Ebola outbreak 'out of all proportion' and severity cannot be predicated
A mathematical model that replicates Ebola outbreaks can no longer be used to ascertain the eventual scale of the current epidemic, finds research conducted by the University of Warwick.
Dr Thomas House, of the University's Warwick Mathematics Institute, developed a model that incorporated data from past outbreaks that successfully replicated their eventual scale.
The research, titled Epidemiological Dynamics of Ebola Outbreaks and published by eLife, shows that when applying the available data from the ongoing 2014 outbreak to the model that it is, according to Dr House, "out of all proportion and on an unprecedented scale when compared to previous outbreaks".
Dr House commented: "If we analyse the data from past outbreaks we are able to design a model that works for the recorded cases of the virus spreading and can successfully replicate their eventual size. The current outbreak does not fit this previous pattern and, as a result, we are not in a position to provide an accurate prediction of the current outbreak".
Chance events, Dr House argues, are an essential factor in the spread of Ebola and many other contagious diseases. "If we look at past Ebola outbreaks there is an identifiable way of predicting their overall size based on modelling chance events that are known to be important when the numbers of cases of infection are small and the spread is close to being controlled".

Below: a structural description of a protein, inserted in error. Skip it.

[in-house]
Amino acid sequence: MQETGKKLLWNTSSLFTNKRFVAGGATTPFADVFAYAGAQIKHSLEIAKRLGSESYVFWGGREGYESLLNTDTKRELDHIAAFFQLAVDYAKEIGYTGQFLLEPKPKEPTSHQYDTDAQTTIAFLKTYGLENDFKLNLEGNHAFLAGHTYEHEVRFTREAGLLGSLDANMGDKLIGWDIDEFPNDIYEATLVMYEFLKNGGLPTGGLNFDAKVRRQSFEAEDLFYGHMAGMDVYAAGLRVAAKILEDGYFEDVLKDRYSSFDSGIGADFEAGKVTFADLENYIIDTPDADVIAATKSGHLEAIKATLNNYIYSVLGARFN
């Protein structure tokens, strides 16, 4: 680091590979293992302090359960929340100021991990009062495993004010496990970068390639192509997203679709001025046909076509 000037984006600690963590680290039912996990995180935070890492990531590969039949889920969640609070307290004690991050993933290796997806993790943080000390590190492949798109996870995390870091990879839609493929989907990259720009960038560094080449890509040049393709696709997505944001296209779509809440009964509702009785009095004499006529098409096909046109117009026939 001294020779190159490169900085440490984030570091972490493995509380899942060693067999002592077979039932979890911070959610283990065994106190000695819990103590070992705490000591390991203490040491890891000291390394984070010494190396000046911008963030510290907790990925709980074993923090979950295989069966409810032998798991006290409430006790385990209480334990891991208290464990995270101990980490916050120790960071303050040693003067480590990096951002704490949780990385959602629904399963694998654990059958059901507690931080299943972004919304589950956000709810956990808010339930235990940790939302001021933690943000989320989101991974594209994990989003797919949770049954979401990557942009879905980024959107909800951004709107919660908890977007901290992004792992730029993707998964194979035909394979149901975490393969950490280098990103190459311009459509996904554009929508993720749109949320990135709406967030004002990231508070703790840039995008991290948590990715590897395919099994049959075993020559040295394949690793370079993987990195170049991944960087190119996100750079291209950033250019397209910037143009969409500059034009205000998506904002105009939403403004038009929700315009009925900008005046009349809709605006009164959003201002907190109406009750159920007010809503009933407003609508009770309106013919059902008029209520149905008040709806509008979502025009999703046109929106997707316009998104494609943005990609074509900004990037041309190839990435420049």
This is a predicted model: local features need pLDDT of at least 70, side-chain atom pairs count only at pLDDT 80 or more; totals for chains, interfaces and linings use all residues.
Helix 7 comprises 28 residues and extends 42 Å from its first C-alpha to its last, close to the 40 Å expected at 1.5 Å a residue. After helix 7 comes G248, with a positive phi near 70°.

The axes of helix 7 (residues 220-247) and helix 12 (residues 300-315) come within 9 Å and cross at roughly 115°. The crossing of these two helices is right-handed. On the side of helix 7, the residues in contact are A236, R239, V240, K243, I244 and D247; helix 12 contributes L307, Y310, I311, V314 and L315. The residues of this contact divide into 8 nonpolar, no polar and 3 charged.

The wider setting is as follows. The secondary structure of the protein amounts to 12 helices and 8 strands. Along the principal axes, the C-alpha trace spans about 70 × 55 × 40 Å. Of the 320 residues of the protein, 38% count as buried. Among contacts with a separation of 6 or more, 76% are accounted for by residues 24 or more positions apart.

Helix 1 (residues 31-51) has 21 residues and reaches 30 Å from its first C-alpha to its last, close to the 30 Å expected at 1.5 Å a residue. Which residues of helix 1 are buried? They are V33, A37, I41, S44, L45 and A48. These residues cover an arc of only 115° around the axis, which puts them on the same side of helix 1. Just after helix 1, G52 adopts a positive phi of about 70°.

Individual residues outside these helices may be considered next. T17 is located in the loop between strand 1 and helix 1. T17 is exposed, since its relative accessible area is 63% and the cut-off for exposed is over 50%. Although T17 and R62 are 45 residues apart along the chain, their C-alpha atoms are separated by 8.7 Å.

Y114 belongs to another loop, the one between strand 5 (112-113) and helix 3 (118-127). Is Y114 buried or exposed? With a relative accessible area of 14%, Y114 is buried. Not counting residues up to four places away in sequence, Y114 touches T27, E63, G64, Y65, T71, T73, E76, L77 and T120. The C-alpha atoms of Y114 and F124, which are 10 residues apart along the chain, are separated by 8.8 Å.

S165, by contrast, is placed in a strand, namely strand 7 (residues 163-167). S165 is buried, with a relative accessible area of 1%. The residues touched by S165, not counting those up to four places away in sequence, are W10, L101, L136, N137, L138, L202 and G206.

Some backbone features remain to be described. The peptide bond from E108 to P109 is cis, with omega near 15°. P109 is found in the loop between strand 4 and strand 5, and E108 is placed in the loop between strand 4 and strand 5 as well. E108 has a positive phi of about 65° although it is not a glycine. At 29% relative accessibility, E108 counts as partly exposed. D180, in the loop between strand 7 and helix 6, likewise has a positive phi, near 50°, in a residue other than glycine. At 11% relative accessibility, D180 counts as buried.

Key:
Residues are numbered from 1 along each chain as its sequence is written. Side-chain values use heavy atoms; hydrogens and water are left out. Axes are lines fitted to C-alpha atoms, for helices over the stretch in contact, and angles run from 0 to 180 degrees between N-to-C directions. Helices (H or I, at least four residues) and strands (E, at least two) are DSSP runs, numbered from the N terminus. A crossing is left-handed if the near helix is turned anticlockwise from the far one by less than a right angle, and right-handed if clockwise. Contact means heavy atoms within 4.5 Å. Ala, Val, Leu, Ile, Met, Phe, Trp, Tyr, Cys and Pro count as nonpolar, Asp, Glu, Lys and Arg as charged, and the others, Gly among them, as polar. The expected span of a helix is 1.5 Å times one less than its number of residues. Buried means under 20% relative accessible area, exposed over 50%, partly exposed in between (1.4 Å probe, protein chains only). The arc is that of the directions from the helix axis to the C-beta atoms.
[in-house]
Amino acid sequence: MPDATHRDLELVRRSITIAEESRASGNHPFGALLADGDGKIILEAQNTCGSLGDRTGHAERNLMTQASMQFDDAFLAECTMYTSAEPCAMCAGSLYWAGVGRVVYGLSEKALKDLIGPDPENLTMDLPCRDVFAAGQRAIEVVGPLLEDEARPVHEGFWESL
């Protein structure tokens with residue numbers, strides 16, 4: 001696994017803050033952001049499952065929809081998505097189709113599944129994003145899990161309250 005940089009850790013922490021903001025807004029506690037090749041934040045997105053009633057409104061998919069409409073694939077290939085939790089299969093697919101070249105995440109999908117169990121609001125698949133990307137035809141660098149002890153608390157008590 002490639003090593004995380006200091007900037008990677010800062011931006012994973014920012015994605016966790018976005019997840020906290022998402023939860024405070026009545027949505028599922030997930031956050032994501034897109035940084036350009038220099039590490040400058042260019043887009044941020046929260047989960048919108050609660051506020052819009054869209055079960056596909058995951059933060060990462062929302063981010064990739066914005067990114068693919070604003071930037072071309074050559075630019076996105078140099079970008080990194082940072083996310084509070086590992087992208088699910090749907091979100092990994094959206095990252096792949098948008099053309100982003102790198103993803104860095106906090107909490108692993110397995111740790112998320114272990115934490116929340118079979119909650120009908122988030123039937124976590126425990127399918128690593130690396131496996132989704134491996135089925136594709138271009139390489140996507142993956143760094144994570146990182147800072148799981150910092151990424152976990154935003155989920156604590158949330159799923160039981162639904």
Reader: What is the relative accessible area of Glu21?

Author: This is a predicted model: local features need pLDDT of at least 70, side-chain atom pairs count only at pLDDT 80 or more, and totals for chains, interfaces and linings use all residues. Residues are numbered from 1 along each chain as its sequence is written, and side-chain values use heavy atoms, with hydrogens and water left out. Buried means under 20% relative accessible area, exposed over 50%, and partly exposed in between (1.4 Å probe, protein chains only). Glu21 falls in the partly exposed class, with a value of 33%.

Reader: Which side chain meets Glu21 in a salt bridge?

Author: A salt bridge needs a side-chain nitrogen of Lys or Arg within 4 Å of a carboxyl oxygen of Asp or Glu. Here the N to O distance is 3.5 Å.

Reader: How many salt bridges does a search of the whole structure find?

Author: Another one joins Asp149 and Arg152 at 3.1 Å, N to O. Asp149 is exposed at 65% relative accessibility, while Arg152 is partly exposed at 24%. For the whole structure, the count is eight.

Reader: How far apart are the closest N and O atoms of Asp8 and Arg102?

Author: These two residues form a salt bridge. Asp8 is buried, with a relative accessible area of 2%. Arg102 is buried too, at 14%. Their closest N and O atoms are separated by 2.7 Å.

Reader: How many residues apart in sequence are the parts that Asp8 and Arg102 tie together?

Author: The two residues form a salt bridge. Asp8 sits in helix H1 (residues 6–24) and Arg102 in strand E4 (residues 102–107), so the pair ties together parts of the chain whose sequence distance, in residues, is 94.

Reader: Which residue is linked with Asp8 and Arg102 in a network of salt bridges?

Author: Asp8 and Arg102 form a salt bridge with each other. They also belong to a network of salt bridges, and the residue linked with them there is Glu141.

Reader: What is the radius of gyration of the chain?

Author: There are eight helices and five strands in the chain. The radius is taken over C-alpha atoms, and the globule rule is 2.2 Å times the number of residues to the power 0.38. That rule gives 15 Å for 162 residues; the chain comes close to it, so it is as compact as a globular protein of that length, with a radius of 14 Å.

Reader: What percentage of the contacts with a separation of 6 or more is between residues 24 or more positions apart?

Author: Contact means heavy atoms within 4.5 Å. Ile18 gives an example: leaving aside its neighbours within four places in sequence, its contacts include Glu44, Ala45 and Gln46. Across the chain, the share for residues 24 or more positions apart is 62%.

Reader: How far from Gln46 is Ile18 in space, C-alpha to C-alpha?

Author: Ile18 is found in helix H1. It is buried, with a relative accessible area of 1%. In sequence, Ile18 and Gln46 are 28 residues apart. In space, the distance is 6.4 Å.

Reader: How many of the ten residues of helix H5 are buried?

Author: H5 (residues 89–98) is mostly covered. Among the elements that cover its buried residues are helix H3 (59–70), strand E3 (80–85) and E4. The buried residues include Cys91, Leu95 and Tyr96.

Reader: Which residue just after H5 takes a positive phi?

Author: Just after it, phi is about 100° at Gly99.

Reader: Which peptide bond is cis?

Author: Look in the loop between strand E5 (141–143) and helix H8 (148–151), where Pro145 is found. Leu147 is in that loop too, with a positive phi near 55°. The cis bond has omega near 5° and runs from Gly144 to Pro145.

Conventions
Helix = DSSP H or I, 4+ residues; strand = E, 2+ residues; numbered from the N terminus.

Chance events can include a person's location when they are most infectious, whether they are alone when ill, the travel patterns of those with whom they come into contact or whether they are close to adequate medical assistance.
The Warwick model successfully replicated the eventual scale of past outbreaks by analysing two key chance events: the initial number of people and the level of infectiousness once an epidemic is underway.
"With the current situation we are seeing something that defies this previous pattern of outbreak severity. As the current outbreak becomes more severe, it is less and less likely that it is a chance event and more likely that something more fundamental has changed", says Dr House.
Discussing possible causes for the unprecedented nature of the current outbreak, Dr House argues that there could be a range of factors that lead it to be on a different scale to previous cases;
"This could be as a result of a number of different factors: mutation of virus, changes in social contact patterns or some combination of these with other factors. It is implausible to explain the current situation solely through a particularly severe outbreak within the previously observed pattern".
In light of the research findings and the United Nations calling for a further $1bn USD to tackle the current outbreak, Dr House says that "Since we are not in a position to quantify the eventful scale of this unprecedented outbreak, the conclusion from this study is not to be complacent but to mobilise resources to combat the disease."